The General Data Protection Regulation (GDPR) passed by the European parliament earlier this year has many blockchain firms in the UK worried, according to a study conducted by Digital Catapult, an innovation agency.
The study describes how regulatory concerns are affecting many blockchain businesses (up to 74% of them) due to their conflict with many aspects of the industry. The GDPR may even pose a bigger threat to these UK companies than technical, business or even legal issues.
The EU’s GDPR was a unified regulation for the entire tech landscape addressing data issues of EU residents. It restricts companies in use of data and allows more choice to the users when it comes to viewing and using their data. The new regulation is stalling the development of many blockchain firms as permissionless Distributed Ledger Technology (DLT) inherently has some natural roadblocks when they try to come in compliance with these laws.
According to the report:
“This legislation raised concerns for companies using permissionless, public blockchains, which are open to anyone regardless of location, and where full copies of the database are replicated across all of the nodes participating in the network, making it impossible to selectively limit where the data goes.”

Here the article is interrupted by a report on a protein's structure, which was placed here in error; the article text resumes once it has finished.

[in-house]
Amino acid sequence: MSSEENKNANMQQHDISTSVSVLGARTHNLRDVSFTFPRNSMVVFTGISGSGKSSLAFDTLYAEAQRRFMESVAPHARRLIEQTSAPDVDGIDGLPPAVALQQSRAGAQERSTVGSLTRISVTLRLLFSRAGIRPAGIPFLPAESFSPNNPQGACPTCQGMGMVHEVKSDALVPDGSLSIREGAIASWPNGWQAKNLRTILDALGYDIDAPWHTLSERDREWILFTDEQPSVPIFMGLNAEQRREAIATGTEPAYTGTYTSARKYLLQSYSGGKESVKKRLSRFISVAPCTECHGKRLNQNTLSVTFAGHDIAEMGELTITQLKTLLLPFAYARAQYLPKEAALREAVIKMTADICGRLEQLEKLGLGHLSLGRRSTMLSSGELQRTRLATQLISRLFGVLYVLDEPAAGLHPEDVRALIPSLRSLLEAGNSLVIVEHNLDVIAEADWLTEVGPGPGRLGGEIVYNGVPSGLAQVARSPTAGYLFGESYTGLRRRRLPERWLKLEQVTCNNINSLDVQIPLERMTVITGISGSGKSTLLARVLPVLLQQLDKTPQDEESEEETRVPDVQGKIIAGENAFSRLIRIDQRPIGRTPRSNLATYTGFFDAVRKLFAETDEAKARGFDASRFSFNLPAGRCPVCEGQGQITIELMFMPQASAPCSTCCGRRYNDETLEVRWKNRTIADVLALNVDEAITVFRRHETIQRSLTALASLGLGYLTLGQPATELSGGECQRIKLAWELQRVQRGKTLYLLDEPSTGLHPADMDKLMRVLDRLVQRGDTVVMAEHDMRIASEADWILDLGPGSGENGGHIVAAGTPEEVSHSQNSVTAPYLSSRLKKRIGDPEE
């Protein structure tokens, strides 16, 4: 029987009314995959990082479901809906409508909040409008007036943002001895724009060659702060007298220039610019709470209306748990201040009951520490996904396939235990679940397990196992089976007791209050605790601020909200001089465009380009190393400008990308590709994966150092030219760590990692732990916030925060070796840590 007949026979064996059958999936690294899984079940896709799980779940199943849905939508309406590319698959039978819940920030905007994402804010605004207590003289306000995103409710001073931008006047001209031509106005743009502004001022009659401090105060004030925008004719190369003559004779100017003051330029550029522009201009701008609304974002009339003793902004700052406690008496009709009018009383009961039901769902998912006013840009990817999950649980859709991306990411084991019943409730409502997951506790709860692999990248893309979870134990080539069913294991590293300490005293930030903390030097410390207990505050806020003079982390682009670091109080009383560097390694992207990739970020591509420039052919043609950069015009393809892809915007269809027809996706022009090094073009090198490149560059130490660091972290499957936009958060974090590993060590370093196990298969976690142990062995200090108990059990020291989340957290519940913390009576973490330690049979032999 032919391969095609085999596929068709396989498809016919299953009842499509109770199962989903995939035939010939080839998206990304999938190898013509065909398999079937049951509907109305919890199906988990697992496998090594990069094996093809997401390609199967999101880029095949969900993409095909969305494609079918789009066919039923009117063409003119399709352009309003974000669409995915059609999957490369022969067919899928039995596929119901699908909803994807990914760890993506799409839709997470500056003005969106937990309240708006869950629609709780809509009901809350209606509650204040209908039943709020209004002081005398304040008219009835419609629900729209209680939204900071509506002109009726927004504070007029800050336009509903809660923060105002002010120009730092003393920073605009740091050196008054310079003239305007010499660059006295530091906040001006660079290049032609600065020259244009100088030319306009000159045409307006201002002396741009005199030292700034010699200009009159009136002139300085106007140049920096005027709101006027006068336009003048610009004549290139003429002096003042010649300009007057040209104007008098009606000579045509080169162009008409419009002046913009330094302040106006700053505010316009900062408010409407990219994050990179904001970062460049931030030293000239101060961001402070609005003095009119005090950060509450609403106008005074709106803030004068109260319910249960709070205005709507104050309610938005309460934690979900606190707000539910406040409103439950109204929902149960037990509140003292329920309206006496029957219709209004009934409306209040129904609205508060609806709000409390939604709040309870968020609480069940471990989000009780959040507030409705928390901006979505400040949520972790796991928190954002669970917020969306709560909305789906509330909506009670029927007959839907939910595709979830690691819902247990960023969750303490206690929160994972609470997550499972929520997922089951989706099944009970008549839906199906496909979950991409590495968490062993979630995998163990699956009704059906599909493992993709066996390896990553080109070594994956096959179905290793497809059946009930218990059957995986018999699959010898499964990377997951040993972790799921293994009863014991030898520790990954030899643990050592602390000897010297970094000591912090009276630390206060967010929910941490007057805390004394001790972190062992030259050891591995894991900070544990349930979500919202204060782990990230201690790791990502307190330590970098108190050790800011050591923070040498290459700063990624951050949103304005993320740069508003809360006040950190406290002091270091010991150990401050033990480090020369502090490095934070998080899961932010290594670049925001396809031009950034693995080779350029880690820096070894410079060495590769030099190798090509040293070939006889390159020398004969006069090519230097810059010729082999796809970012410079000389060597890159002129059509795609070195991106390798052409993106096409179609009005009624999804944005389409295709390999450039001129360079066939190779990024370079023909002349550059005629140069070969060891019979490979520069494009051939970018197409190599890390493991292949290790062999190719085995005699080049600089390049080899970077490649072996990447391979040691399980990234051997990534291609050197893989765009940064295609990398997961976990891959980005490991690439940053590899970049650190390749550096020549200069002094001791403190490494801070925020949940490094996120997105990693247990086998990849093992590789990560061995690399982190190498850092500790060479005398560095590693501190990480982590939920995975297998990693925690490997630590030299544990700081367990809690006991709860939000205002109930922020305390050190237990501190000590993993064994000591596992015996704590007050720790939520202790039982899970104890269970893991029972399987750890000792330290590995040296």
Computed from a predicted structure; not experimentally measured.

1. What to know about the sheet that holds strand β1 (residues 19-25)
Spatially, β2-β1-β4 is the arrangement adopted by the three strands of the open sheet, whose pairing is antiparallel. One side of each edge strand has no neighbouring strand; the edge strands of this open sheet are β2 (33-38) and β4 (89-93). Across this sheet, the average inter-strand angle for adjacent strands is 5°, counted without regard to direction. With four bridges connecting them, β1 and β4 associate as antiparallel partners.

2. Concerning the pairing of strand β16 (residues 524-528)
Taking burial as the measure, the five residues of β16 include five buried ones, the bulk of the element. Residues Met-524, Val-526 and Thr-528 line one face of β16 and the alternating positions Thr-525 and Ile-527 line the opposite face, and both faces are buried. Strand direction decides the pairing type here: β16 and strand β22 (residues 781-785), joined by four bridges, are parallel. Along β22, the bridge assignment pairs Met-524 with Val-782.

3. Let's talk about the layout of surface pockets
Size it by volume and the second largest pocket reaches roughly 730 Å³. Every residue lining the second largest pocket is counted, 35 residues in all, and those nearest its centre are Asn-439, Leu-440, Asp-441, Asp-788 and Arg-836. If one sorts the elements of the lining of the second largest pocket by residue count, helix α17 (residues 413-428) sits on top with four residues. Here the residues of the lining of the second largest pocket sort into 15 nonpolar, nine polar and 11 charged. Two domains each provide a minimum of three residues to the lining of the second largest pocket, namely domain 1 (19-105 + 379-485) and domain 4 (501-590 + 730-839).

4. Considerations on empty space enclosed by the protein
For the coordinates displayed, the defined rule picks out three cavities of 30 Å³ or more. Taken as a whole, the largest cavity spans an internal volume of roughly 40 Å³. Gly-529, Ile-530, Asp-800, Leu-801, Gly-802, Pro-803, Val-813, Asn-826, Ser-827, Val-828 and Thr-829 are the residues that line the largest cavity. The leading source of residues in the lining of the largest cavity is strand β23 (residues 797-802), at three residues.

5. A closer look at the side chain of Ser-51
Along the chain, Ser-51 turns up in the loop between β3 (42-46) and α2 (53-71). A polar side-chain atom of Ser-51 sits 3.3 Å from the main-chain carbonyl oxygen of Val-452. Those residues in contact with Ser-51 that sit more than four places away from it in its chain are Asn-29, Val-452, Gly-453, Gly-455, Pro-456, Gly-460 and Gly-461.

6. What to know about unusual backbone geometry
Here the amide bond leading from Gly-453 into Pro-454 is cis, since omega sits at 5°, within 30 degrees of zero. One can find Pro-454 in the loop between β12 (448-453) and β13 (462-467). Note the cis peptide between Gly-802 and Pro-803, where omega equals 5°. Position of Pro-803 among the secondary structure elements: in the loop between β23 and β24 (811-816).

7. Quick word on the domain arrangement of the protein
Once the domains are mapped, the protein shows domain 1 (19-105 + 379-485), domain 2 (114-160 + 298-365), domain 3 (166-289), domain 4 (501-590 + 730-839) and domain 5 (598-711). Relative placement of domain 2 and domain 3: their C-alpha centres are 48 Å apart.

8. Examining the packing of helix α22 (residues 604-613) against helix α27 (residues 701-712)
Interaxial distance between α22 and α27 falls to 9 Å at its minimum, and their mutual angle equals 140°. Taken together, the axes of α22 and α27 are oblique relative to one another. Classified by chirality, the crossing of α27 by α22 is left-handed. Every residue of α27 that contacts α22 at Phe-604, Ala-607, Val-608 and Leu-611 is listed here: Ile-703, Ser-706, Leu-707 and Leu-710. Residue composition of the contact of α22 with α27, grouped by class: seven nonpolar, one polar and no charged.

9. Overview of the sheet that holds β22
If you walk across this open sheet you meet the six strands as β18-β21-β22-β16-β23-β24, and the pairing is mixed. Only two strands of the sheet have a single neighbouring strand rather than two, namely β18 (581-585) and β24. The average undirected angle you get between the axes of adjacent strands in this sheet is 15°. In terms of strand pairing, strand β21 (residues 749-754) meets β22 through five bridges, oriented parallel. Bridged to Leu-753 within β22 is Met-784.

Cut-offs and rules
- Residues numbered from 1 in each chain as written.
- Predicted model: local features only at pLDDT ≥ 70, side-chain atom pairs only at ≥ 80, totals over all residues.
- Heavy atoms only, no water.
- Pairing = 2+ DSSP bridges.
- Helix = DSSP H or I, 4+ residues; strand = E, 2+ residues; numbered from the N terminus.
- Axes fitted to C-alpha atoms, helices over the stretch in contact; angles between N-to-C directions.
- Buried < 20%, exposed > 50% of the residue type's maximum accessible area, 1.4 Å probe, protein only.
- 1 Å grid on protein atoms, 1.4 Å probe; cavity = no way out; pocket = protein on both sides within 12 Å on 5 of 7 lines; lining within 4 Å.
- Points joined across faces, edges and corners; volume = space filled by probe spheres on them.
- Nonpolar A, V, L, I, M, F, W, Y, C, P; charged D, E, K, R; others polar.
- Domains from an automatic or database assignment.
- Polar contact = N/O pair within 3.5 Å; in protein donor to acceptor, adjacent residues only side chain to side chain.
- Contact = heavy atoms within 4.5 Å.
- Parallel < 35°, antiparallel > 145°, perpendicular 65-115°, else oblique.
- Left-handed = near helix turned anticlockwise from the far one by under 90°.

Perhaps the most contentious point of the whole GDPR is the Right to Erasure. The law empowers citizens to delete their personal data at will. It is naturally in conflict with the whole approach of a permissionless DLT system where information becomes immutable once it is recorded. The immutability ensures transparency for future use.
There is also the case of increased uncertainty when it comes to raising funds through legal Initial Coin Offerings (ICOs). Although the report states that the Financial Conduct Authority (FCA) has announced to regulate the ICOs, there is a delay expected in the regulations and in the absence of clear regulations, there is a lot of uncertainty regarding future ICO projects.
Despite all these challenges, the blockchain industry is growing in the country. The report states:
“…investments rose from just over USD 50 million in Q3 of 2016, to USD 150 million by Q2 of 2018 (with ICO-related investments topping USD 100 million in Q4 of 2017 and fiat investments climbing to over USD 100 million in Q2 of 2018).”
It is yet to be seen how the Brexit will affect the future of the decentralized space, both in the short and long term.
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